Tuesday, June 1, 2010

workshop blog, 06/01/10

“That looks dangerous,” I said with worried eyes. I watched as Na climbed onto a small blue plastic chair and reach for the pair of scissors our mother kept on the kitchen counter.

Na didn’t reply, but grabbed the scissors and jumped off the chair. Her feet landed softly on the linoleum floor and she motioned to me. “Come on,” she said. I followed as usual. Na was almost two years older than I and anything she said, I did; anything she did, I wanted to do. At this particular moment in time, I watched as my ten-year-old idol swaggered from the kitchen to the living room with sharp scissors in her hand and an air of confidence surrounding her.

She bounced toward a bin that was filled with dolls and accessories. We had never been obsessed with Barbie dolls but we had plenty of them and plenty of Barbie-sized accessories: dresses, shoes, t-shirts and skirts. Na put the scissors onto an end table and reached into the bin. She pulled out a brunette doll in a yellow skirt and orange shirt.

“What are you going to do?” I asked.

“Cut her hair.”

I frowned. It was technically my doll. My mother bought it for me after an enormous amount of pestering every time the commercial played. The doll was part of a trio of Glitter Hair Barbie dolls. Each doll came with a special comb and a tube of glitter. The commercial for the dolls showed young girls combing glitter into the dolls’ hair and then into their own hair. I used the glitter once before my mother realized how messy it was. She took the glitter away, but I didn’t protest. I wanted the doll for her neon red palm tree earrings and sleek yellow visor.

“I don’t think that’s a good idea,” I told Na.

“I’m not gonna cut a lot of it,” Na replied as she prepared to set up shop. She turned Glitter Hair Barbie upside down and combed her fingers through the doll’s long brown hair.

“Give her to me,” I asked. Na ignored me. “Give her to me!” I shouted. I reached over and grabbed the doll from her hands. I could feel myself beginning to cry and turned away so Na wouldn’t see. Na never cried and I didn’t want her to make fun of me.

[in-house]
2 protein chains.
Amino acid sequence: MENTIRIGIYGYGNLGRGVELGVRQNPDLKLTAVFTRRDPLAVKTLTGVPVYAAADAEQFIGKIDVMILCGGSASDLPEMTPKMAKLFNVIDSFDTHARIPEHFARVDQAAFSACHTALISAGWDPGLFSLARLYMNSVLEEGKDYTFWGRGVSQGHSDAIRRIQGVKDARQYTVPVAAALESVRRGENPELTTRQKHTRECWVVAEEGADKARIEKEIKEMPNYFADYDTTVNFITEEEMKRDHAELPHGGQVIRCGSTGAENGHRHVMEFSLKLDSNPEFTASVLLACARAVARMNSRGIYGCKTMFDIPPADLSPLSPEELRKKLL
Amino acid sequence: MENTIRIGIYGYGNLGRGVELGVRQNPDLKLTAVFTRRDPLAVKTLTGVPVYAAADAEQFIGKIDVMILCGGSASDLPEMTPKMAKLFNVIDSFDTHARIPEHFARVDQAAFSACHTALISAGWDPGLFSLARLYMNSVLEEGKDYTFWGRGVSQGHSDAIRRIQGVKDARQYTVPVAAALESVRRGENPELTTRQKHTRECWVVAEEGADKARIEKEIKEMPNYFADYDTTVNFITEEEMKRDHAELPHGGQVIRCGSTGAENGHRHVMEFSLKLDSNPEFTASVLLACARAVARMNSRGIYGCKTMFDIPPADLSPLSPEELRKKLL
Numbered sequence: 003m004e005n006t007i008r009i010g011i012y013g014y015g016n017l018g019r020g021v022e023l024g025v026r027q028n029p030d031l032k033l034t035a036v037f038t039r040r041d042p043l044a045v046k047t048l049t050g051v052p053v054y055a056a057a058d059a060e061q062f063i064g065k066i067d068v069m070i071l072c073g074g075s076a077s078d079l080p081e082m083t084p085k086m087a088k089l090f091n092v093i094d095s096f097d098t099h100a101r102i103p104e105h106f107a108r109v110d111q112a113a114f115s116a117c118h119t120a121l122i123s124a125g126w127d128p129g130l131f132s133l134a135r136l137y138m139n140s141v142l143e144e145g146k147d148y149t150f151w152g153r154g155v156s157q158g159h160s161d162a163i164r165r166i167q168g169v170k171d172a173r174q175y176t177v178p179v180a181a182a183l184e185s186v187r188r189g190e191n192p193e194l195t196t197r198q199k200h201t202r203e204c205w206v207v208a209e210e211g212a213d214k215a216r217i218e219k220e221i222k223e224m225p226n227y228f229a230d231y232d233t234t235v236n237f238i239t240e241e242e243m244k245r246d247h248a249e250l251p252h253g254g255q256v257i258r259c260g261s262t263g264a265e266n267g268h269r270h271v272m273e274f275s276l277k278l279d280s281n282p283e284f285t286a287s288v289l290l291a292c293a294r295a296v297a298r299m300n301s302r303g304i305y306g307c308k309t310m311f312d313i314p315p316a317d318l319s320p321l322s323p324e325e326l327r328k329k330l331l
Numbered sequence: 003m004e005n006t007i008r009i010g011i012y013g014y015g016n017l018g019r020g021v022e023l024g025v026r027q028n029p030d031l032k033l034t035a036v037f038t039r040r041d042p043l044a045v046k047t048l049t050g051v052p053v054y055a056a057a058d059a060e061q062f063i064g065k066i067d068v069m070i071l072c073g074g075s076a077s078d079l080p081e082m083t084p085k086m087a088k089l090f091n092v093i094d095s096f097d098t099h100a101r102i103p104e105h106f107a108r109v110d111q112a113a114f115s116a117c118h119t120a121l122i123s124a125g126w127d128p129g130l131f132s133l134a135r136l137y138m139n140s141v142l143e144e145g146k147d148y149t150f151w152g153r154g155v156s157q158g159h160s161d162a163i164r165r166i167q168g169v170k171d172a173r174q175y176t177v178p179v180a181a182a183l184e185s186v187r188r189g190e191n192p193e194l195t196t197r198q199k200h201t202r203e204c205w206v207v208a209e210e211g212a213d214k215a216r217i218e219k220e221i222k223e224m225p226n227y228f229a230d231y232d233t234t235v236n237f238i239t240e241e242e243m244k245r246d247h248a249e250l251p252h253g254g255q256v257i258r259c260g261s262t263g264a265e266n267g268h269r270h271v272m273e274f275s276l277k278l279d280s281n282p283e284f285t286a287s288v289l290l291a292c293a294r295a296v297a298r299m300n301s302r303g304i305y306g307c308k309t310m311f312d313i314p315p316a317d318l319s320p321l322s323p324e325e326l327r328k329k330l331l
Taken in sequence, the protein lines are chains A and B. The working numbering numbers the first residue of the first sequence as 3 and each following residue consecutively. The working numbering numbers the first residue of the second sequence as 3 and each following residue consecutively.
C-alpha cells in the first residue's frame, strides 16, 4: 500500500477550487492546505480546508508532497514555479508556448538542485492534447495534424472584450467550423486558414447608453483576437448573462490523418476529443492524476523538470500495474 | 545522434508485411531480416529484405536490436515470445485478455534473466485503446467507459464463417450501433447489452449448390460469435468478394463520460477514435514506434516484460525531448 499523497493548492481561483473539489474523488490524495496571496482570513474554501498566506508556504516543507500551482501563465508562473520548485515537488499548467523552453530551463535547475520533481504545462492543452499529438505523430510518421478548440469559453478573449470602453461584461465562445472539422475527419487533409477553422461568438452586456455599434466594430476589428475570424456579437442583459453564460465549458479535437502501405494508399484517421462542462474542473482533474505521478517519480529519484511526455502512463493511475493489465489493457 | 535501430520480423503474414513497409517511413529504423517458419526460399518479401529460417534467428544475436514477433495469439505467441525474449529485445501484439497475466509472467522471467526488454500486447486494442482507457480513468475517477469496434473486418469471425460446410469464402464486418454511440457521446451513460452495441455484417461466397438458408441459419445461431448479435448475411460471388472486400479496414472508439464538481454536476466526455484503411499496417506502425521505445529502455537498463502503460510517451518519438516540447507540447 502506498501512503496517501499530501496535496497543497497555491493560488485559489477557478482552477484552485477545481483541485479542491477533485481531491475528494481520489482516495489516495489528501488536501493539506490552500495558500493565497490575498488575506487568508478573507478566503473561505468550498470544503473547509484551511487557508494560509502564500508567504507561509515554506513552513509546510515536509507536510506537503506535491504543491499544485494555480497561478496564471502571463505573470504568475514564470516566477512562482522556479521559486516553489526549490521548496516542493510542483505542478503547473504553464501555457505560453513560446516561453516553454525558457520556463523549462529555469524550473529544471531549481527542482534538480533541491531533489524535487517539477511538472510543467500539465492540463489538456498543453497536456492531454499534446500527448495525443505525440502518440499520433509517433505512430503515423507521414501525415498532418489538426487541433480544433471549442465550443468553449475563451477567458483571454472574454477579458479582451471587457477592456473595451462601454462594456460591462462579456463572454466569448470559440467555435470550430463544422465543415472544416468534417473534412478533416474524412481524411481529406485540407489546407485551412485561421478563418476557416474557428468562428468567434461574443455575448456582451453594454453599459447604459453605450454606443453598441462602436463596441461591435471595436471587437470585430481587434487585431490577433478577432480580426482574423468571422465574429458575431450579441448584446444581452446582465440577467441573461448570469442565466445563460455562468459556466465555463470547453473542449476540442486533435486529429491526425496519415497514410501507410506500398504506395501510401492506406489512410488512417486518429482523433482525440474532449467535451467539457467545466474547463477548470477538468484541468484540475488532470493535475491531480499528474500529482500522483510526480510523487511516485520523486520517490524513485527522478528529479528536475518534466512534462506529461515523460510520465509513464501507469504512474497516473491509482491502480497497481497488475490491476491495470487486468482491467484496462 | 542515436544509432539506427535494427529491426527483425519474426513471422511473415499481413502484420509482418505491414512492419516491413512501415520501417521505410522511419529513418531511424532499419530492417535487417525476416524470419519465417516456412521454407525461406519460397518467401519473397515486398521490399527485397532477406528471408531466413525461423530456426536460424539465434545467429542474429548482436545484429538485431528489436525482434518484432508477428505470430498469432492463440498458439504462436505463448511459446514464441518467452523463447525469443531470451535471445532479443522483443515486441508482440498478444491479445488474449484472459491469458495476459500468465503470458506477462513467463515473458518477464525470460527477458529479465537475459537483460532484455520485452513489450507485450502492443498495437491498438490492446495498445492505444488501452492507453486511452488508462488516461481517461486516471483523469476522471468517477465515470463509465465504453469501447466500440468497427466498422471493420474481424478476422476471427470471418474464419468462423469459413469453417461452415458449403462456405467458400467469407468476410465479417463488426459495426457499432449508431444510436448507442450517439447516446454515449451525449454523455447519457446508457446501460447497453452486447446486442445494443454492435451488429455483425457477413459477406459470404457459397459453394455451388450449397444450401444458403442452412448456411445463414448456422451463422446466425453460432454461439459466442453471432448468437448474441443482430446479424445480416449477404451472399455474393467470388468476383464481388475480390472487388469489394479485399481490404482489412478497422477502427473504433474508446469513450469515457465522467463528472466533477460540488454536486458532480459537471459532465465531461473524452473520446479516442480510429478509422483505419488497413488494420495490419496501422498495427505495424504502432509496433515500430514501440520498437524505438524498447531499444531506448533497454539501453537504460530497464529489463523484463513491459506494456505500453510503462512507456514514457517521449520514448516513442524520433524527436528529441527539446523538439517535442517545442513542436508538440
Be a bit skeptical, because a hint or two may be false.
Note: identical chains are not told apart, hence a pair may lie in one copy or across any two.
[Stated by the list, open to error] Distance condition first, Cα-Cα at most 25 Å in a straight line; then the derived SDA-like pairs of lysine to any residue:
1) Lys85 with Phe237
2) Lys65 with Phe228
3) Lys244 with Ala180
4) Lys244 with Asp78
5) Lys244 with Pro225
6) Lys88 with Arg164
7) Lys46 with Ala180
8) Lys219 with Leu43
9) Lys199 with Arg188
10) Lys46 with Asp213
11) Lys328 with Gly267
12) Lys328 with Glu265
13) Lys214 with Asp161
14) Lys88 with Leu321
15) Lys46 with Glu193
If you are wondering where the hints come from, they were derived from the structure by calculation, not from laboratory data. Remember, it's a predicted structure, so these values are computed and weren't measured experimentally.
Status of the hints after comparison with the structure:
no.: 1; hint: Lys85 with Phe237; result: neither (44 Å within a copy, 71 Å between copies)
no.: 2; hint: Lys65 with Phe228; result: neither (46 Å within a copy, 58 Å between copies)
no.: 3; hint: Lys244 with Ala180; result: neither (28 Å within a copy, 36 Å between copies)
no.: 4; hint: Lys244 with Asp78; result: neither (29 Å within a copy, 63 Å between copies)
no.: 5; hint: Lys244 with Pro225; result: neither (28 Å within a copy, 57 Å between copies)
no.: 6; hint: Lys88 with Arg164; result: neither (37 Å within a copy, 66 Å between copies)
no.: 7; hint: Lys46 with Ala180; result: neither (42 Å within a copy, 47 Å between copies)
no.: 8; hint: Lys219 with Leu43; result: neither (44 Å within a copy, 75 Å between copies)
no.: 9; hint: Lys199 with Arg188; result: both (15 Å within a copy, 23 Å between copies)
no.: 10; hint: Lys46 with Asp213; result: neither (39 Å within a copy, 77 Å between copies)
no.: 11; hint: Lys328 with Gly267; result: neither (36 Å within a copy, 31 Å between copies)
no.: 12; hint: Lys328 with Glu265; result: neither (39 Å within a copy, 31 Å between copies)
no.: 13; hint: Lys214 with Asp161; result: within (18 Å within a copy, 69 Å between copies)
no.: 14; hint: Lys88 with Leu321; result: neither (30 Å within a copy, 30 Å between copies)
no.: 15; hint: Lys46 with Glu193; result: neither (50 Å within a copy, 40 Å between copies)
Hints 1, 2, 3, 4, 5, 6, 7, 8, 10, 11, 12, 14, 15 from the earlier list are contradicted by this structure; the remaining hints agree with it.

“You’re such a baby,” she said, rolling her eyes, and left the room.

I grabbed a Barbie-sized brush from the bin of dolls and sat down on the floor. I ran the brush slowly and gently through the doll’s hair, the same way my mother brushed my own hair. “You have to be gentle,” she instructed, “or you’ll pull more hair out.”

There were no more tears threatening to burst from my eyes and, instead, I felt proud of myself for saving the doll. Poor Glitter Hair Barbie, I thought. There was no reason she should lose any of her hair. She didn’t do anything to deserve it.

“What are you doing?”

I looked up. My mother walked into the living room and sat down on the sofa. Still holding the doll, I went to sit next to her as she turned on the television to resume the videotape of a Chinese drama she was watching.

“Mommy?” I asked after a few minutes of the tape. “Can you braid my hair?” I had seen her braid Na’s hair so many times. She used to braid my hair too, as well as curling it and styling it and pinning it up, but she stopped once my hair started to fall out. Now, she only touched my hair to cover the bald spots.

She tore her eyes from the television screen to smile her warm smile at me. It wasn’t a smile of glee or amusement; it was a sad smile, one she had worn on her face for the past year since my hair began falling out. “Here,” she said, motioning to the floor in front of her. “Chaw.

I sat down on the worn, maroon carpet and my mother took a plastic comb off of the end table where Na had left the scissors. My mother was always careful when it came to my hair because she was afraid that any tension would pull more hair out. She didn’t want to cause any more damage in fear that one day my hair would all be gone and I would finally break down.

With her soft hands, she ran the comb slowly and gently through my hair. I knew that was all she would do. We sat quietly as the television played. I bent Glitter Hair Barbie into a sitting position, put her on the carpet in front of me and began to braid her hair.

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